Hey there, time traveller!
This article was published 27/11/2012 (1699 days ago), so information in it may no longer be current.
Manitobans should be very pleased at the provincial government’s announcement that it has asked the PUB to conduct a study to tell it whether there is a better alternative to Hydro’s plan to build the proposed northern Keeyask and Conawapa generating stations.
The construction costs of the two dams will exceed $13.4 billion. In fact, many millions of dollars are currently being spent virtually on a daily basis in planning and preparation. The purpose of the expansion is to give Manitoba Hydro additional capacity so that it can export power to the U.S.
However, this no longer appears profitable not only because of the decline in the U.S. economy but also because of a technological break through allowing for the production of huge quantities of cheap shale gas. This has resulted in lowering the market price of electricity in the U.S. below the cost of generating hydro electricity in Northern Manitoba. In effect, selling our high cost Northern power to the Americans is a losing proposition.
A previous PUB Order, No. 5/12, issued on Jan. 7, 2012 and which is available on the PUB website, includes a statement from the chairman at that time urging the government to re-examine the need for new hydro generation. He called for a formal review of Hydro’s development plan urging the government to conduct a NFATA (“needs for and alternatives to”) study.
On page 125 the Chairman notes that a large combined cycle gas-fired plant could be constructed at a fraction of the cost of building Bipole III and provide resource diversity which we do not have. In effect, Bipole III would be unnecessary. In the event that Bipole I and II were out of service the combined cycle gas-fired plant could be used to compensate.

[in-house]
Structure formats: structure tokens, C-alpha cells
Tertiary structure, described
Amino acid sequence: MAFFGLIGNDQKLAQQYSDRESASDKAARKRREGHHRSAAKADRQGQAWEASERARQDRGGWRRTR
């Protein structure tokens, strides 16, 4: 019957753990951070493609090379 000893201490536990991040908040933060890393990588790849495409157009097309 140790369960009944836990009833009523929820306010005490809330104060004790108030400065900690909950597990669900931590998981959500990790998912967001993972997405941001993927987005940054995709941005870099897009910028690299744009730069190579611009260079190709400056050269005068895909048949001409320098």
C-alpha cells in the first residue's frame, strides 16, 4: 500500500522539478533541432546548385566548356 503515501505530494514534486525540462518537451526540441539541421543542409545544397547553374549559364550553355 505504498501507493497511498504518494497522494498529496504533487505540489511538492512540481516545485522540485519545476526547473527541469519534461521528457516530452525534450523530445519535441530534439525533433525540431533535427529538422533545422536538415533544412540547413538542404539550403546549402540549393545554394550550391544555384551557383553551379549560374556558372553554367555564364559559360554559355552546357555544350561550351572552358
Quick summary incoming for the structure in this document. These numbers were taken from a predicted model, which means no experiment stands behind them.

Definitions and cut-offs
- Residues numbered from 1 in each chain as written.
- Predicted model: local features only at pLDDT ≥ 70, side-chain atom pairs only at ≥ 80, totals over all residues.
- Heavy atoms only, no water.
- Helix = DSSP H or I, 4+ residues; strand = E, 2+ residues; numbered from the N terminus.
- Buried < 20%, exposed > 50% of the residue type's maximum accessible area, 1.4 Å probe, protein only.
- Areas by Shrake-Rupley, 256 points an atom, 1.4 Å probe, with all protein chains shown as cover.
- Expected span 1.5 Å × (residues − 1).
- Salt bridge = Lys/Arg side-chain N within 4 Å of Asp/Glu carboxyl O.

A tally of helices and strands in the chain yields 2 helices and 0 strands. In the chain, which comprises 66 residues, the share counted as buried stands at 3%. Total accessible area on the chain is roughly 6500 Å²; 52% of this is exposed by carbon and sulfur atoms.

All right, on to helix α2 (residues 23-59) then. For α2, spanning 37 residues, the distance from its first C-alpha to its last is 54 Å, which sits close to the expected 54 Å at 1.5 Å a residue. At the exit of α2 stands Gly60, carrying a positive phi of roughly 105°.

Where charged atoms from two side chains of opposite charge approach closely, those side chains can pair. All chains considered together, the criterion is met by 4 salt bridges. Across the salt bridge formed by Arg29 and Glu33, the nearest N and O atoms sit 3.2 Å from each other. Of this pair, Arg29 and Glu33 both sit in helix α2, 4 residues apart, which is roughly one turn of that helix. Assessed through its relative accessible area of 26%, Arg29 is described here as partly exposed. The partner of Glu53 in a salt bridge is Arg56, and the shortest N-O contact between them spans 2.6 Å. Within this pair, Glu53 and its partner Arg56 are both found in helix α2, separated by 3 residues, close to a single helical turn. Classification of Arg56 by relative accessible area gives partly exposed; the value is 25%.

The PUB report also indicated that the deferring or cancelling of Bipole III will benefit Manitoba Hydro consumers with lower rates than we would have otherwise. And of course, the Bipole III environmental problems will cease to exist.
There are other benefits that can result from adding a gas-fired plant to supplement our hydro system. Among them are:
• The lessening of air pollution in this part of the continent since it would eliminate the need to import “dirty” electricity (generated from oil) from the U.S. which occurs in times of drought and in extreme cold periods in winter. Depending on circumstances, such imports can be substantial.
• The improvement in our balance of payments with the U.S. since we would no longer be paying to import electricity.
• The attainment of more security of supply with less dependency on long-distance power lines since the plant would be closer to consumers than a remote hydro dam.
• The creation of jobs to build and then operate the facility resulting in economic stimulus.
The logical place to build the plant is in the populated areas of southern Manitoba. Brandon would probably be the ideal spot where there are support services available. The city’s economy would expand through the construction activities and then the on-going need for workers to operate the plant. However, regardless of the location there would be economic stimulus realized in our province from the establishment of a gas-fired plant.